Non-nutrative sweeteners not yet approved in the United States as of May 2002 include Alitame, Cyclamate, and Neotame. Here is some information about these three sweeteners:


Description: Discovered by Pfizer, Inc., alitame (brand name Aclame TM) is a sweetener formed from the amino acids L-aspartic acid and D-alanine, and a novel amine.

Relative Sweetness: 2,000 times sweeter than sucrose.

Metabolism: The aspartic acid component is metabolized normally. The alanine amide passes through the body with minimal metabolic changes. Alitame is such an intense sweetener, its caloric contribution to the diet is insignificant.

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Assets: Alitame has a clean, sweet taste and offers good stability at elevated temperatures and over a broad pH range. It is highly soluble in water and when combined with some other low-calorie sweeteners, it has a synergistic sweetening effect.

Limitations: Though alitame has excellent shelf life, prolonged storage in some standard acidic solutions at elevated temperatures may result in off-flavors.

Applications: Alitame has the potential to be used in almost all areas where sweeteners are presently used -- e.g., baked goods and baking mixes, hot and cold beverages, dry beverage mixes, milk products, frozen desserts and mixes, fruit preparations, chewing gums and candies, tabletop sweeteners, toiletries and pharmaceuticals.

Safety: Extensive animal and human studies have been conducted to support the safety of alitame. The petition for regulatory approval demonstrates its safety for human consumption.

Status: A petition for alitame's use in a broad range of foods and beverages has been filed in the U.S. Alitame is approved for use in a variety of food and beverage products in Australia, New Zealand, Mexico and the People�s Republic of China. Approval also is being sought worldwide.

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Description: Cyclamate is a non-caloric sweetener discovered in 1937. It has been used widely in low-calorie foods and beverages.

Relative Sweetness: 30 times sweeter than sucrose.

Metabolism: Most people do not metabolize cyclamate. A small portion of the population metabolizes some of the cyclamate they consume.

Assets: It is stable in heat and cold and has good shelf life. Its solubility in liquids enables use in beverages. When cyclamate is combined with other low-calorie sweeteners, they enhance each other so that the combinations are sweeter than the sum of the individual sweeteners.

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Limitations: It has the least "sweetening power" of the commercially acceptable intense sweeteners.

Applications: Cyclamate has been widely used as a tabletop sweetener, in sugar-free beverages and other low-calorie foods, particularly in combination with saccharin. It also can be used in baked goods.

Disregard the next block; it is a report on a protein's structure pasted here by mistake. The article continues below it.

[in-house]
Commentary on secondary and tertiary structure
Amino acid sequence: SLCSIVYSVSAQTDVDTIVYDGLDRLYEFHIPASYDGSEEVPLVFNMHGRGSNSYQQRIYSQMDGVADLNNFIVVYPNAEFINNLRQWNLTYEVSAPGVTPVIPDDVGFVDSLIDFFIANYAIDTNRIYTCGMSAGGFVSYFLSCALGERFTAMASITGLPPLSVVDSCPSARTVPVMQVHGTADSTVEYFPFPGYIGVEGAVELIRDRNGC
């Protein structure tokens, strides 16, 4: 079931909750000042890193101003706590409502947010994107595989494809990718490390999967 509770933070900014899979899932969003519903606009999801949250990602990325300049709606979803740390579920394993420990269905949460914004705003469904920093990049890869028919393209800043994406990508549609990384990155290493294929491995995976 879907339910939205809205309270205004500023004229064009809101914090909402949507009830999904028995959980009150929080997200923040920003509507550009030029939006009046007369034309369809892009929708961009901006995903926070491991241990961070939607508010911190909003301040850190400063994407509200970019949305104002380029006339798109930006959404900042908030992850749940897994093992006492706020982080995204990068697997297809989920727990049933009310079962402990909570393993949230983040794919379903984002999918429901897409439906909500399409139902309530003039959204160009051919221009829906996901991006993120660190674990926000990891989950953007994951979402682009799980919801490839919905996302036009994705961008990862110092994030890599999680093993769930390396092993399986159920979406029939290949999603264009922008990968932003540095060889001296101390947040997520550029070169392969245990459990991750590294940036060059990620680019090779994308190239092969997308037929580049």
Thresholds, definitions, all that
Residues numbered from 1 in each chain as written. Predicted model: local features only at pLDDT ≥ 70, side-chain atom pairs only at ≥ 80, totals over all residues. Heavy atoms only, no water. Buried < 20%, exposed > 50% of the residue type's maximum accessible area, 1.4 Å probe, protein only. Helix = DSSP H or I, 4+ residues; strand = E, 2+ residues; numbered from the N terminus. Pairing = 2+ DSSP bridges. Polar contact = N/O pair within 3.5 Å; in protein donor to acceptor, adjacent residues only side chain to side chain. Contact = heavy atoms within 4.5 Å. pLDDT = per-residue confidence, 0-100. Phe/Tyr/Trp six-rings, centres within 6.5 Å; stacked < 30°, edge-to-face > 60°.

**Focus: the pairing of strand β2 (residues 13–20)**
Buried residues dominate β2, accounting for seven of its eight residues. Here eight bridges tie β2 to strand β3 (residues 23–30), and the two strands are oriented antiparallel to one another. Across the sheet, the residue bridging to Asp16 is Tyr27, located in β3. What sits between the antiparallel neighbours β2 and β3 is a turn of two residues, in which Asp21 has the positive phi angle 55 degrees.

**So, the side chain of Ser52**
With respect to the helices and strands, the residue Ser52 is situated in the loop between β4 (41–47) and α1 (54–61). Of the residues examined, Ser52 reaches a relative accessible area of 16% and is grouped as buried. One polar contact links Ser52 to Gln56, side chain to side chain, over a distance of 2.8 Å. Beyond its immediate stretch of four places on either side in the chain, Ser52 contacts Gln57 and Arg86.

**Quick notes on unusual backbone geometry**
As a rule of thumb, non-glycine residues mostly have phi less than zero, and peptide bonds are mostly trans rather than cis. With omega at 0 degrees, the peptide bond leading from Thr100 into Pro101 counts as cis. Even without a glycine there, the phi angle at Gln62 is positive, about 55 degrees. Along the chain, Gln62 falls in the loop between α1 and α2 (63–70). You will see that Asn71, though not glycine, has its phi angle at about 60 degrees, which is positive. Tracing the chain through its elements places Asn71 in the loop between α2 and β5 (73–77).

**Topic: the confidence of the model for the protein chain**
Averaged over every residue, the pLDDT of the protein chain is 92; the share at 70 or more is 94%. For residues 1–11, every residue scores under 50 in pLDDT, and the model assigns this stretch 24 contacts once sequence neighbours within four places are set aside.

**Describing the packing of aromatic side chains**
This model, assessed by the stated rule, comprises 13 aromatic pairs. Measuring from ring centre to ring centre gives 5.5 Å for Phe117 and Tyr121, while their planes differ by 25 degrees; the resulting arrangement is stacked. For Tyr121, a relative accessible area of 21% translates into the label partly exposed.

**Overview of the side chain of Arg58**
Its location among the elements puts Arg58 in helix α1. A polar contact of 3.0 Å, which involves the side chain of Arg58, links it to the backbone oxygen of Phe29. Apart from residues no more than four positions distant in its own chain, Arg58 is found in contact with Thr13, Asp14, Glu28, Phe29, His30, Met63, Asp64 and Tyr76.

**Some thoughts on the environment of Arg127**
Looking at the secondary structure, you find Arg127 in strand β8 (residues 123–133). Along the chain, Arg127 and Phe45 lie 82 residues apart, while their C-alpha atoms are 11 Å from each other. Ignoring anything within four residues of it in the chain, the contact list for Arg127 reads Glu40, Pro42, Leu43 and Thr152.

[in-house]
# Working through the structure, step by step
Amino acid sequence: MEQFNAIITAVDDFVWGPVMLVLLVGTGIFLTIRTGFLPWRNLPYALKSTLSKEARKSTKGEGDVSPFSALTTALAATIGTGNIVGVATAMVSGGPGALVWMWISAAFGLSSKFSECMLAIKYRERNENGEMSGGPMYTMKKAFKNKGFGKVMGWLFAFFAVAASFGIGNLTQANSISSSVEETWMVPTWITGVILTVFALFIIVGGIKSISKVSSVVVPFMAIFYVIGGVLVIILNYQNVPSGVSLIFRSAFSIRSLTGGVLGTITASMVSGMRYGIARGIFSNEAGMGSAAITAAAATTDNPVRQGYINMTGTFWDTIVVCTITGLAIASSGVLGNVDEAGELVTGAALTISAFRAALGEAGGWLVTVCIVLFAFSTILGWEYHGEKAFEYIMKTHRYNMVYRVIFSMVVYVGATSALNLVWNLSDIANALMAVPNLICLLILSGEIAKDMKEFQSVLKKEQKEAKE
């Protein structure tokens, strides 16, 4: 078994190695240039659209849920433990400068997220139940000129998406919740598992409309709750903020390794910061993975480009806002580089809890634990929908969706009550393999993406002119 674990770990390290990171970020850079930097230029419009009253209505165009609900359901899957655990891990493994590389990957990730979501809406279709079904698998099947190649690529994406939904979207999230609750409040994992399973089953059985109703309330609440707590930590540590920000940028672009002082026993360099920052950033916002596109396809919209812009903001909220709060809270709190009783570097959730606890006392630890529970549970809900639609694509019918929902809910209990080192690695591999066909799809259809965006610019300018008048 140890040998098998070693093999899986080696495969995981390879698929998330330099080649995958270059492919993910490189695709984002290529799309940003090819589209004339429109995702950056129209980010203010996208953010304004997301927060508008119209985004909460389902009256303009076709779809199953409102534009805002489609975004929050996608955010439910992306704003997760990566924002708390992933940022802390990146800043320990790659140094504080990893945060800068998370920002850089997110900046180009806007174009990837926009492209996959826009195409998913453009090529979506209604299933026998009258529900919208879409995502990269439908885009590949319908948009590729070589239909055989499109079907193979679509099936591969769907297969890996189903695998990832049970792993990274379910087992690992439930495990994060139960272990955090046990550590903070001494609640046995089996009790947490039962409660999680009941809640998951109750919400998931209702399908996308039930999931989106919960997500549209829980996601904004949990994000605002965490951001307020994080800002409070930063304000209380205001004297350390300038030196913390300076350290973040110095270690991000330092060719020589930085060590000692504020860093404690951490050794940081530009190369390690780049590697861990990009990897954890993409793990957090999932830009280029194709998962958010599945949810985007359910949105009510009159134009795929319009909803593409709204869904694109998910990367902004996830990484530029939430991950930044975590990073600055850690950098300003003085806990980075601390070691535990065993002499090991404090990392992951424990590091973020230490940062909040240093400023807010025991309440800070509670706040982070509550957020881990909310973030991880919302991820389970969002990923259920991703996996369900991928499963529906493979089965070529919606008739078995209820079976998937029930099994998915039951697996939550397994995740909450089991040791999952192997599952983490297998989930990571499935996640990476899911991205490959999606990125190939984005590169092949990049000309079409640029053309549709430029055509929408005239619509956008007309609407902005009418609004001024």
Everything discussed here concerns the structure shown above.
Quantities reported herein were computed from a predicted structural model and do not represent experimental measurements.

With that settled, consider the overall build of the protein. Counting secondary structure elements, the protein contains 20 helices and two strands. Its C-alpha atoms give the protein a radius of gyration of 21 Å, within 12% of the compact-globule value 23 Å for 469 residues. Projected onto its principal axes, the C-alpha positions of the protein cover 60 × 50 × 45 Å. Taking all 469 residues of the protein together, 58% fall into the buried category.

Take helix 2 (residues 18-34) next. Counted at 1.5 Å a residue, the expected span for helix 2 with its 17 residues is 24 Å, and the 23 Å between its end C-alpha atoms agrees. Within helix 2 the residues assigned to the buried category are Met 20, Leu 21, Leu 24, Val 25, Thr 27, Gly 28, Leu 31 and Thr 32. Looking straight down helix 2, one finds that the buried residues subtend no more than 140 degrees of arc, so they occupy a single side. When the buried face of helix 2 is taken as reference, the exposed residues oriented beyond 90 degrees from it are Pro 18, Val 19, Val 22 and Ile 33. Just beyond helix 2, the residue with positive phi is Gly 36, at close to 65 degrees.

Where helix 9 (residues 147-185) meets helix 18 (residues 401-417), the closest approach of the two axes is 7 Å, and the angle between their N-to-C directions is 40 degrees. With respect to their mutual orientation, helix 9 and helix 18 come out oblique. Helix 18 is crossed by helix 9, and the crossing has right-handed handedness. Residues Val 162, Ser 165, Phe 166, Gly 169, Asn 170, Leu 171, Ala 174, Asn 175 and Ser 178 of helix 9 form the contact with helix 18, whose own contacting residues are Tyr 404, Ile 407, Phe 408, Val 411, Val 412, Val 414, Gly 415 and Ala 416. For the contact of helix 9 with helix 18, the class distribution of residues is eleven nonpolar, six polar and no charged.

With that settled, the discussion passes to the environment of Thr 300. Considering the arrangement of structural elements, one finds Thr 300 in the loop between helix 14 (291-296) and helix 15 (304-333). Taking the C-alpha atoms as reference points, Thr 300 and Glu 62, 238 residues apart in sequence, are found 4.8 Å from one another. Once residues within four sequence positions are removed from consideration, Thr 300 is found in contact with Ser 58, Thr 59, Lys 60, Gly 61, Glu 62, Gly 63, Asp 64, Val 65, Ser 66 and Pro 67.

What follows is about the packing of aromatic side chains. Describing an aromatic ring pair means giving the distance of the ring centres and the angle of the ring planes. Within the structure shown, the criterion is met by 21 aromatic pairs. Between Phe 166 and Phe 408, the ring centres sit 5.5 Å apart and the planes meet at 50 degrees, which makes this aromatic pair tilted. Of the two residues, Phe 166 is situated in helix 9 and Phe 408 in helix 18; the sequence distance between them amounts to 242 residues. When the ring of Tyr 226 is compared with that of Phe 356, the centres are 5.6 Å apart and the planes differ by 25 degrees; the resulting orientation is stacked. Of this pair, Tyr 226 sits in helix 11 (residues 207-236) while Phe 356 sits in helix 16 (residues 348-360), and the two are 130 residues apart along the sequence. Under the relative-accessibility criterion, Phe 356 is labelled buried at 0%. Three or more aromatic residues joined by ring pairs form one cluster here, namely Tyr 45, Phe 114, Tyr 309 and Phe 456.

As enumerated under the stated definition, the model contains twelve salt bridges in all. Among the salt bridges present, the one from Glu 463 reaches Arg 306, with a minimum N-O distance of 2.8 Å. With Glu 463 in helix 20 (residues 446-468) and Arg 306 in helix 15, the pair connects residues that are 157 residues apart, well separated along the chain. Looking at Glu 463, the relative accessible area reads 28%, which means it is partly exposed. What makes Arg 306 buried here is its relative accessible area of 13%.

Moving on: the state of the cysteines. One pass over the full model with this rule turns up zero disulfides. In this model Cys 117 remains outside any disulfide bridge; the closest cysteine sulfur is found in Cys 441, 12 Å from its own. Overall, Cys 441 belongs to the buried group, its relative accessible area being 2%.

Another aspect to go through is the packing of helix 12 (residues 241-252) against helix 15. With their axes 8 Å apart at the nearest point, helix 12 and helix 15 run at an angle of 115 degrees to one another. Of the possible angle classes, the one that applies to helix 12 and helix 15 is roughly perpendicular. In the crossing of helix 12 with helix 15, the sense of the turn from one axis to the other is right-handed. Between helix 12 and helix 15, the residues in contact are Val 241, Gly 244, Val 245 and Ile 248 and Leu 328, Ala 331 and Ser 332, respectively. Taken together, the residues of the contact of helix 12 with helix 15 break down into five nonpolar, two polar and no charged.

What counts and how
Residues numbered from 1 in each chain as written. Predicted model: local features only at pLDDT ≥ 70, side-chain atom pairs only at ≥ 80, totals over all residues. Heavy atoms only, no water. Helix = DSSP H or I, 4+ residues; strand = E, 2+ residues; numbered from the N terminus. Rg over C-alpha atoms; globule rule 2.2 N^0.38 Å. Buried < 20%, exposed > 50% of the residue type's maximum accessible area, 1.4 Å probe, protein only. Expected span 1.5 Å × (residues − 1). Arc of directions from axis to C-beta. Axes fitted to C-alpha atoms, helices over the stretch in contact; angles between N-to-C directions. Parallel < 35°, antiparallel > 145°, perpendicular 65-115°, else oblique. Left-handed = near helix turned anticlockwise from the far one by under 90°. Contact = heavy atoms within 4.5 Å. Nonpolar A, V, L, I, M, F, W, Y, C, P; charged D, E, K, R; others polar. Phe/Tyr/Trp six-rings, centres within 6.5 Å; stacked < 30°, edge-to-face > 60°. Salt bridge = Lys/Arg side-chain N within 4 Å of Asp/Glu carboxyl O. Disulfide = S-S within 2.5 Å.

Safety: Cyclamate was banned in the United States in 1970. Currently there is a petition before the Food and Drug Administration (FDA) to reapprove cyclamate in the U.S.

Status: FDA's Cancer Assessment Committee (CAC) reviewed the scientific evidence and reached the following conclusion in 1984: "[T]he collective weight of the many experiments... indicates that cyclamate is not carcinogenic." In June 1985, the National Academy of Sciences (NAS) reaffirmed the CAC's conclusion noting, "the totality of the evidence from studies in animals does not indicate that cyclamate or its major metabolite cyclohexylamine is carcinogenic by itself."

Cyclamate is approved for use in more than 50 countries worldwide.

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Description: Neotame is a no-calorie sweetener, composed of two elements of protein: the amino acids L-aspartic acid and L-phenylalanine combined with two organic functional groups: one known as a methyl ester group and the other as a neohexyl group. These components are joined together to form a uniquely sweet ingredient.

Relative Sweetness: Neotame is sweeter than other no-calorie sweeteners and is approximately 30 times sweeter than aspartame. Neotame will deliver comparable sweetness to sucrose in various applications.

Metabolism: Quickly metabolized and fully eliminated by the body via normal biological processes.

Assets: Neotame has a clean, sweet taste like sucrose and unique flavor enhancement properties compared to other sweeteners. At projected trace levels of use, neotame will provide a full, sweet taste in foods and beverages. It can be used in both cooking and baking applications and will offer comparable, and potentially improved, stability over aspartame in beverages.

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Limitations: None are identified by the manufacturer. Neotame is not yet commercially available.

Applications: Has applicability in any category of food and beverage, including but not limited to, tabletop sweeteners, chewing gum, carbonated soft drinks, refrigerated and non-refrigerated ready-to-drink beverages, frozen desserts and novelties, puddings and fillings, yogurt-type products, baked goods and candies.

Safety: Extensive research has been conducted on neotame to establish its safety as a sweetening ingredient. This information is currently being reviewed by the Food and Drug Administration.

Status: A petition has been filed with FDA to approve the use of neotame as a general purpose sweetener. A petition to approve neotame for use as a tabletop sweetener was submitted to FDA in December 1997.